By: Jake Stofan | Capitol News Service
May 20, 2019
TALLAHASSEE, Fla. (CNS) -- Environmental groups have condemned Governor Ron DeSantis for signing a bill they believe would harm environmentally-sensitive areas in the state.
The new law will start planning for three new roads through mostly rural parts of the state. It would be largest road project in the state since the 1950s.
The Florida Chamber of Commerce said it will ease congestion and bring more business to rural counties.
“Infrastructure is the lifeblood of an economy,” said Christopher Emmanuel with the Chamber. "We've got 4.5 million new Floridians that we can expect by 2030, three million new drivers on our roadways, and this is an important infrastructure piece to help connect those people to jobs and rural communities and urban cores."
$45 million is earmarked for 2019-2020 to initiate planning for a new toll road from Collier County to Polk County, connecting the turnpike to the Sun Coast Parkway and extending the parkway to the Florida-Georgia line.
Aliki Moncrief with Florida Conservation Voters said the new roads could devastate ecosystems in the mostly rural lands.
“The state would be destroying wetlands and so you're destroying habitat for all the animals that depend on wetlands, but you're also destroying wetlands that help protect our drinking water supplies,” said Moncrief.
In addition to eventually building the roads, the plan would construct water, sewer and broadband infrastructure. It also requires environmental impact studies be conducted prior to breaking ground.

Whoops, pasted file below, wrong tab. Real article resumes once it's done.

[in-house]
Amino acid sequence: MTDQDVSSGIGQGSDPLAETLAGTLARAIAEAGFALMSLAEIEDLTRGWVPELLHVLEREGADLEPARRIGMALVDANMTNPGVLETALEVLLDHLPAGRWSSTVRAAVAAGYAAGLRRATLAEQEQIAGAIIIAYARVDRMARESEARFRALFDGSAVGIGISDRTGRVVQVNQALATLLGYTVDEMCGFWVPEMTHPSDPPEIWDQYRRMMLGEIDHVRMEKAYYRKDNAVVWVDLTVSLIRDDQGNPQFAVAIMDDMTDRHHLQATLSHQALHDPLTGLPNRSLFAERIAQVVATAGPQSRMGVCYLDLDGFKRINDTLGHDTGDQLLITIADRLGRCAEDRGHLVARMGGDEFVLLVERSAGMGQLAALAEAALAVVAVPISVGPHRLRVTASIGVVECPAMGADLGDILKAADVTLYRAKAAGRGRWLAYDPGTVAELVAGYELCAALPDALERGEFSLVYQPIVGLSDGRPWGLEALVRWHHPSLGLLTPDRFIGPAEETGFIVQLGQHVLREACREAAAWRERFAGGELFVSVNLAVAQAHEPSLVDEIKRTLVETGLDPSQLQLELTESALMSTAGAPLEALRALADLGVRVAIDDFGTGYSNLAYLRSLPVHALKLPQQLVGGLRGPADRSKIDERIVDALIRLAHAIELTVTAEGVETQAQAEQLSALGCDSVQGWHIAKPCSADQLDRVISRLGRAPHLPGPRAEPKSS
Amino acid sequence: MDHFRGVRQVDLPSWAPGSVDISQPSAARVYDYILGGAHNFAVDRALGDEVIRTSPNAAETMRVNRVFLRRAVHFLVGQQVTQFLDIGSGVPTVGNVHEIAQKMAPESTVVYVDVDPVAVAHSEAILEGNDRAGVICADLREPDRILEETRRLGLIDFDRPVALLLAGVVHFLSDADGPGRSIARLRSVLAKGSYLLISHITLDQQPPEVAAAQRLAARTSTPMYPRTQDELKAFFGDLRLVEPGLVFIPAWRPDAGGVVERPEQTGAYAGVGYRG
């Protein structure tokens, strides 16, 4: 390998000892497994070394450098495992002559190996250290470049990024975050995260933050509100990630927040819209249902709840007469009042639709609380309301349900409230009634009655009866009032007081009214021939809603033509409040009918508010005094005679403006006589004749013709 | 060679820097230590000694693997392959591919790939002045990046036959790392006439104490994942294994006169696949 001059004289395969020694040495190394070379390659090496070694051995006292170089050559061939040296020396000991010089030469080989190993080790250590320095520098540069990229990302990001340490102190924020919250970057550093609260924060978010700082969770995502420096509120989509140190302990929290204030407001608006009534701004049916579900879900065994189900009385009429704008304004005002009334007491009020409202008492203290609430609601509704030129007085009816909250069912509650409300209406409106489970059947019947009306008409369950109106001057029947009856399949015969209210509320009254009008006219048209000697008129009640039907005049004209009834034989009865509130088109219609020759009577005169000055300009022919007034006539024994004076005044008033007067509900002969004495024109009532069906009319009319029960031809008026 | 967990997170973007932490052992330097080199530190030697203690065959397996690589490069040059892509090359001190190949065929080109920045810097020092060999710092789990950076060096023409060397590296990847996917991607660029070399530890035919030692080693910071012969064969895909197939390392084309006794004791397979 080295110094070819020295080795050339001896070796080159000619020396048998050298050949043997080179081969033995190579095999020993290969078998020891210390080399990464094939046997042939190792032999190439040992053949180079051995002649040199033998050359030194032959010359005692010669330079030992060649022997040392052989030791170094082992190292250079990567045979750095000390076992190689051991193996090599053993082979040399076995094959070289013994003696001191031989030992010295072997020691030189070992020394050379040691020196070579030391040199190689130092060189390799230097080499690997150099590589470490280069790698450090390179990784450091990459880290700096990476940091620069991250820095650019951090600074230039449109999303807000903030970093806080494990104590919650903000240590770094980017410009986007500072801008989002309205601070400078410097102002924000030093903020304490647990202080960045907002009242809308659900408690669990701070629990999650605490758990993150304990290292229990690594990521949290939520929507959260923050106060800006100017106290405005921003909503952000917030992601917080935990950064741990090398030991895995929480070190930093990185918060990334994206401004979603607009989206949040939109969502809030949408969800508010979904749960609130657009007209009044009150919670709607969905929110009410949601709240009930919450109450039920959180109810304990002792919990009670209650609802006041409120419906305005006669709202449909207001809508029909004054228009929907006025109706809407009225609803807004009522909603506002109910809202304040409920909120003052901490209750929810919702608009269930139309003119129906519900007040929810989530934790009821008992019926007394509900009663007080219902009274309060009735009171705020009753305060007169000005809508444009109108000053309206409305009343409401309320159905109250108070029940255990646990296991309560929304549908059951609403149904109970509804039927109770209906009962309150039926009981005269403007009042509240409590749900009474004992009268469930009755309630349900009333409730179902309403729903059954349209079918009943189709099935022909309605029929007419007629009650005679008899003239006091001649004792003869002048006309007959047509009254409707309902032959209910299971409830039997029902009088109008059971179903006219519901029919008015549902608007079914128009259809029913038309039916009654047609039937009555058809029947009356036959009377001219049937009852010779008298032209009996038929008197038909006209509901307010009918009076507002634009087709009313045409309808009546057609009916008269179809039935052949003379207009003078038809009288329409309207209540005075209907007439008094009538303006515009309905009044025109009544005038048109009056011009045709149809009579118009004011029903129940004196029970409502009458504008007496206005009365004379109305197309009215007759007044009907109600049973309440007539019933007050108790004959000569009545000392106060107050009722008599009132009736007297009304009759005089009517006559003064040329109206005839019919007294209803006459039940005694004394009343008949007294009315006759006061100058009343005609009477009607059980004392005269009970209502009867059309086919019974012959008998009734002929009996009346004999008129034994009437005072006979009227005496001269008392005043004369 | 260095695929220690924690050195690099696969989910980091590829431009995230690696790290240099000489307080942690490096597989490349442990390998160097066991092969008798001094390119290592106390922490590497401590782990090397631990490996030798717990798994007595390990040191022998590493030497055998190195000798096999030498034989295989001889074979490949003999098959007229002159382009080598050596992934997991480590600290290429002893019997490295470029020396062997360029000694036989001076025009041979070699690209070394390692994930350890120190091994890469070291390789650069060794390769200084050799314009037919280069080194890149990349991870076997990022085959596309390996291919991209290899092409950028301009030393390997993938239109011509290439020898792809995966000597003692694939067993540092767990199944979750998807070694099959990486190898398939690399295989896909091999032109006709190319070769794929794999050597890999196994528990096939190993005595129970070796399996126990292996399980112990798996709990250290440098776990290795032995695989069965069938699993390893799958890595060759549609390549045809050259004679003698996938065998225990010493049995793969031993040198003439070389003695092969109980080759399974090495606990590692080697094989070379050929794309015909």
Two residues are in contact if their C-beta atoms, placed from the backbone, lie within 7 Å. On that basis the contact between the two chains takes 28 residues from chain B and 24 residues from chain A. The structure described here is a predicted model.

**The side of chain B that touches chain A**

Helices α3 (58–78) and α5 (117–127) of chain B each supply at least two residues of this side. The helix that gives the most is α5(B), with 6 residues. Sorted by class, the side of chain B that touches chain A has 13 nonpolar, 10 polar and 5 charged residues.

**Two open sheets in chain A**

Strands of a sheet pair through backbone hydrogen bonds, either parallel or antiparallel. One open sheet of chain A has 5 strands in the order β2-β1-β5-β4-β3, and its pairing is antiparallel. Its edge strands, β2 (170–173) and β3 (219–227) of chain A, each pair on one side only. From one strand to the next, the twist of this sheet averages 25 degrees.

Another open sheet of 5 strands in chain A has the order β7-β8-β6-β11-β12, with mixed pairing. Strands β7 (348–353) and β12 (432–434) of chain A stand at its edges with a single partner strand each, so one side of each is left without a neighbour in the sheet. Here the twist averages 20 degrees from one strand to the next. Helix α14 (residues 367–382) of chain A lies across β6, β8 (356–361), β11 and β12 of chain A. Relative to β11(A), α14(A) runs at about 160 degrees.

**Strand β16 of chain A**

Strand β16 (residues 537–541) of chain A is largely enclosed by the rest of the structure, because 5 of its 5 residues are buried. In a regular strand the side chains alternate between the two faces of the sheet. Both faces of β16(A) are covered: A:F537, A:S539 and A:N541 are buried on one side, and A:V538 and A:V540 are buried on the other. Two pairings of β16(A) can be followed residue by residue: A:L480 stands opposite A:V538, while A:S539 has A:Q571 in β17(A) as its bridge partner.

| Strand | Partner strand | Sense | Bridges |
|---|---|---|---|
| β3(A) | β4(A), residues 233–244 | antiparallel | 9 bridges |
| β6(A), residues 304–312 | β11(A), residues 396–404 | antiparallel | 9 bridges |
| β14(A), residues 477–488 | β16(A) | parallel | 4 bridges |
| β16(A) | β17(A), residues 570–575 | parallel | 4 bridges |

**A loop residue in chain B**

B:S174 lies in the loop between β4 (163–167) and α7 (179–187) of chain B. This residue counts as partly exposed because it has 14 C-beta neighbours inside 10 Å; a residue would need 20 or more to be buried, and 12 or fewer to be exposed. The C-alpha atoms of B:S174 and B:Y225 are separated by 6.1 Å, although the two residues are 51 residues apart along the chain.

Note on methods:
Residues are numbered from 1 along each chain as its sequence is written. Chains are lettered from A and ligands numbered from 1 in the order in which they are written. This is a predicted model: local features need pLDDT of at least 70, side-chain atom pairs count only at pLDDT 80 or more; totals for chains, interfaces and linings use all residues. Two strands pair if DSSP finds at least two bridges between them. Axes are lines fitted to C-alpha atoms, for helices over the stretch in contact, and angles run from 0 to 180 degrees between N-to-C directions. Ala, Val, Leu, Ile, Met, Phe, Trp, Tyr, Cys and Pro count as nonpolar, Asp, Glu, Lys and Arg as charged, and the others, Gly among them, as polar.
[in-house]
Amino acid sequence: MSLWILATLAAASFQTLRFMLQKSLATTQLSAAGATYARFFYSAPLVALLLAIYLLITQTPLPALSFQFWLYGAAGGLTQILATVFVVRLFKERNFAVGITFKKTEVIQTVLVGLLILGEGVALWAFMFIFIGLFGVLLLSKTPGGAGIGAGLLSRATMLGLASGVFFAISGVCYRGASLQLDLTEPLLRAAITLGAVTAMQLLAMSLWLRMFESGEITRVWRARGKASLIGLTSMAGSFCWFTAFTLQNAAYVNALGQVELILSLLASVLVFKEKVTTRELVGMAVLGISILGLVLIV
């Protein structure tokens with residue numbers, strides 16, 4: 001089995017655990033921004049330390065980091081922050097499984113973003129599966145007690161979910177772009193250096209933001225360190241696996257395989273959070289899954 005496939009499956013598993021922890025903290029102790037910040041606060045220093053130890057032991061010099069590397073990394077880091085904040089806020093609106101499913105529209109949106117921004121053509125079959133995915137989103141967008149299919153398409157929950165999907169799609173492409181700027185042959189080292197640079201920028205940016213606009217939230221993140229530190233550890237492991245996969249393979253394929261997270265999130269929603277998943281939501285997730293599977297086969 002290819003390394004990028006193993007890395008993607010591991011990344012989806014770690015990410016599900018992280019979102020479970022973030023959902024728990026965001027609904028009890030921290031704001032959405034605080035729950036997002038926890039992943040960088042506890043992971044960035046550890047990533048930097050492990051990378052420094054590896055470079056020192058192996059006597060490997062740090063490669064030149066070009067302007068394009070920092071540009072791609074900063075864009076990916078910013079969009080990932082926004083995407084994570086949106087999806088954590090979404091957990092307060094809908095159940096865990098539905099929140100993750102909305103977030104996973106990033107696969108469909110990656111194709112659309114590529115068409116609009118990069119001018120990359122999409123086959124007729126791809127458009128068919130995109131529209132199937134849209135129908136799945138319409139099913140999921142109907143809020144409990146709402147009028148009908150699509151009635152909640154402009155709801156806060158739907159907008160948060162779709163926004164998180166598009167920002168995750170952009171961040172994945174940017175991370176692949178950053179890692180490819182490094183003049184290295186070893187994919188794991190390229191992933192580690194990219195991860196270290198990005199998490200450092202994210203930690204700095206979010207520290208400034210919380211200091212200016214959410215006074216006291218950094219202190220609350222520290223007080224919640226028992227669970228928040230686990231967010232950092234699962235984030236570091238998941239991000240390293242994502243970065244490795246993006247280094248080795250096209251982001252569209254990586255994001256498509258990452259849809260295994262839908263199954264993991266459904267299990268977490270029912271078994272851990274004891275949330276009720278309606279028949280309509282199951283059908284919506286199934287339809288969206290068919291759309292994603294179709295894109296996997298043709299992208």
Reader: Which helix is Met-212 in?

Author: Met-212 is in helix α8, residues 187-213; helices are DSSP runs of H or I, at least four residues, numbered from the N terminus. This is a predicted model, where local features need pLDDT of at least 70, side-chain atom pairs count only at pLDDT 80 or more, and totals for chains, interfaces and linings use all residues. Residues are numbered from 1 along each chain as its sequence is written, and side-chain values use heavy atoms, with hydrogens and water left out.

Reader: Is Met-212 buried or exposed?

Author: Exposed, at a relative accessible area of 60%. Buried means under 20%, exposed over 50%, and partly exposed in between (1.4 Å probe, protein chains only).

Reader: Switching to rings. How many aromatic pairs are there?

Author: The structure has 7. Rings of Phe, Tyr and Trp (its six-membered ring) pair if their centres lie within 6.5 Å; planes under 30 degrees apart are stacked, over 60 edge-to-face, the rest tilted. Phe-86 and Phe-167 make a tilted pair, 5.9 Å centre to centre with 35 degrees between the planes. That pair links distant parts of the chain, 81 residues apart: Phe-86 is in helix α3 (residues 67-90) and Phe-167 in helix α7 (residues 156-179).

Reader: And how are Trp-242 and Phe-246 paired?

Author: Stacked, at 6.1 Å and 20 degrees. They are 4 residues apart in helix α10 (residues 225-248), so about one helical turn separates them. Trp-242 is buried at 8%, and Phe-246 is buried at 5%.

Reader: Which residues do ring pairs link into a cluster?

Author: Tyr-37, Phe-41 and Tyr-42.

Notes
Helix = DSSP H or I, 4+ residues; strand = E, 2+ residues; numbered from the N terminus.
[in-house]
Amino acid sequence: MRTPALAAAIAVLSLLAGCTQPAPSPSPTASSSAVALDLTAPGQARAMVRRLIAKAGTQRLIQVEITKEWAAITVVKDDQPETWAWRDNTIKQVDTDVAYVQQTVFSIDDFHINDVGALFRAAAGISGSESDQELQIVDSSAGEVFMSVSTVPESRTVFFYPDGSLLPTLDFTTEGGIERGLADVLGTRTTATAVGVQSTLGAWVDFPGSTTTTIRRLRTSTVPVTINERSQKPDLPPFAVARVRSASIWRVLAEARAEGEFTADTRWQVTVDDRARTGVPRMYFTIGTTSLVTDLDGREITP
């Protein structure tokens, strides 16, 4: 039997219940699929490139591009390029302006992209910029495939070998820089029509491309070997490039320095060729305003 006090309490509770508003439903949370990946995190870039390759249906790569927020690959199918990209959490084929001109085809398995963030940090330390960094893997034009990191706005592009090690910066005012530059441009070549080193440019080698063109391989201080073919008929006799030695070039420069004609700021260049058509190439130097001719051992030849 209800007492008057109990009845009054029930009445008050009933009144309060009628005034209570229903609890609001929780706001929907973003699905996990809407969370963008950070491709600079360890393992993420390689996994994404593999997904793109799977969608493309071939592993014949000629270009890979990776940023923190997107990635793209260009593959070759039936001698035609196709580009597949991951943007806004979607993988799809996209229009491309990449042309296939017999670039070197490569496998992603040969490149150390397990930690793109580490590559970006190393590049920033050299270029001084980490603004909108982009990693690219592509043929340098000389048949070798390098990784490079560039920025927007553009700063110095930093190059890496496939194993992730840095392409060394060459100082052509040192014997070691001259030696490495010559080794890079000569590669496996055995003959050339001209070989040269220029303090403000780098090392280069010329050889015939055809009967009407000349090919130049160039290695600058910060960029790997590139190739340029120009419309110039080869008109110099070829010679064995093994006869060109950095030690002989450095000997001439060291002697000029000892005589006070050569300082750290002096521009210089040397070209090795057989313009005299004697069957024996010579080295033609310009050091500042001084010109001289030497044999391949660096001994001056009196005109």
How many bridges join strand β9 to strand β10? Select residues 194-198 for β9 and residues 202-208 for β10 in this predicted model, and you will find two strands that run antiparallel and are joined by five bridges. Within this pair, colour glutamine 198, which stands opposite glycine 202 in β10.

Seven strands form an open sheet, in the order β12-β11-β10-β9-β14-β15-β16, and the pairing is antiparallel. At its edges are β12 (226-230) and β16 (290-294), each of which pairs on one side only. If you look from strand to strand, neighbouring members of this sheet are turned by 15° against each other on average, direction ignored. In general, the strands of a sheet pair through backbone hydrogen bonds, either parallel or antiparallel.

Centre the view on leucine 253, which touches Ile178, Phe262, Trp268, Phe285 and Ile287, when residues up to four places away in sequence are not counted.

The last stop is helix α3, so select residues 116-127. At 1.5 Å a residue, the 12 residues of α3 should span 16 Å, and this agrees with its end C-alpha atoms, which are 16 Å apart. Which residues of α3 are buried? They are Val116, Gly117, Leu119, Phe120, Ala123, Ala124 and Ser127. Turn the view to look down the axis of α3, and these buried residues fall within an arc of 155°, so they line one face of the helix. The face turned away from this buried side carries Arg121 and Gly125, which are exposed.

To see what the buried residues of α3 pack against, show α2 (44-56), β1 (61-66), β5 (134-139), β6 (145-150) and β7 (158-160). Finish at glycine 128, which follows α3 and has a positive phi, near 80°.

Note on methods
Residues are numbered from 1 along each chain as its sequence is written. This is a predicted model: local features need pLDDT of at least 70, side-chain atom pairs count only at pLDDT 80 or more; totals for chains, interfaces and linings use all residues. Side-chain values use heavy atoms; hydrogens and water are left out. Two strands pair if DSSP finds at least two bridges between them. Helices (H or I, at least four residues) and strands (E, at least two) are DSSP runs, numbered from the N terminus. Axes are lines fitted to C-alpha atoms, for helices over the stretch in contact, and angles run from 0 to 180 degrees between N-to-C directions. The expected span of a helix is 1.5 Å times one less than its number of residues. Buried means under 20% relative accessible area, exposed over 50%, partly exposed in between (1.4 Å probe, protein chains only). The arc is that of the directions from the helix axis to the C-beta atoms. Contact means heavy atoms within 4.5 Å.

Jordan Lubkmann with Earth Justice is concerned the studies will be treated only as a formality.
“It will really remain to be seen who is allowed to participate in the task forces,” said Lubkmann.
The road expansions were the top priority of Senate President Bill Galvano, but he’ll be long out of office by the time construction is set to begin. But, the three legislators next in line for president all voted in support of the bill.
Galvano says he’s confident the project will be seen through to completion.
“If we're breaking ground by 2023, once that's on its way, it's on its way,” said Galvano.
Spending on the project is set to increase incrementally, reaching $140 million a year starting in 2022. It would remain at that funding level until its scheduled completion date in 2030.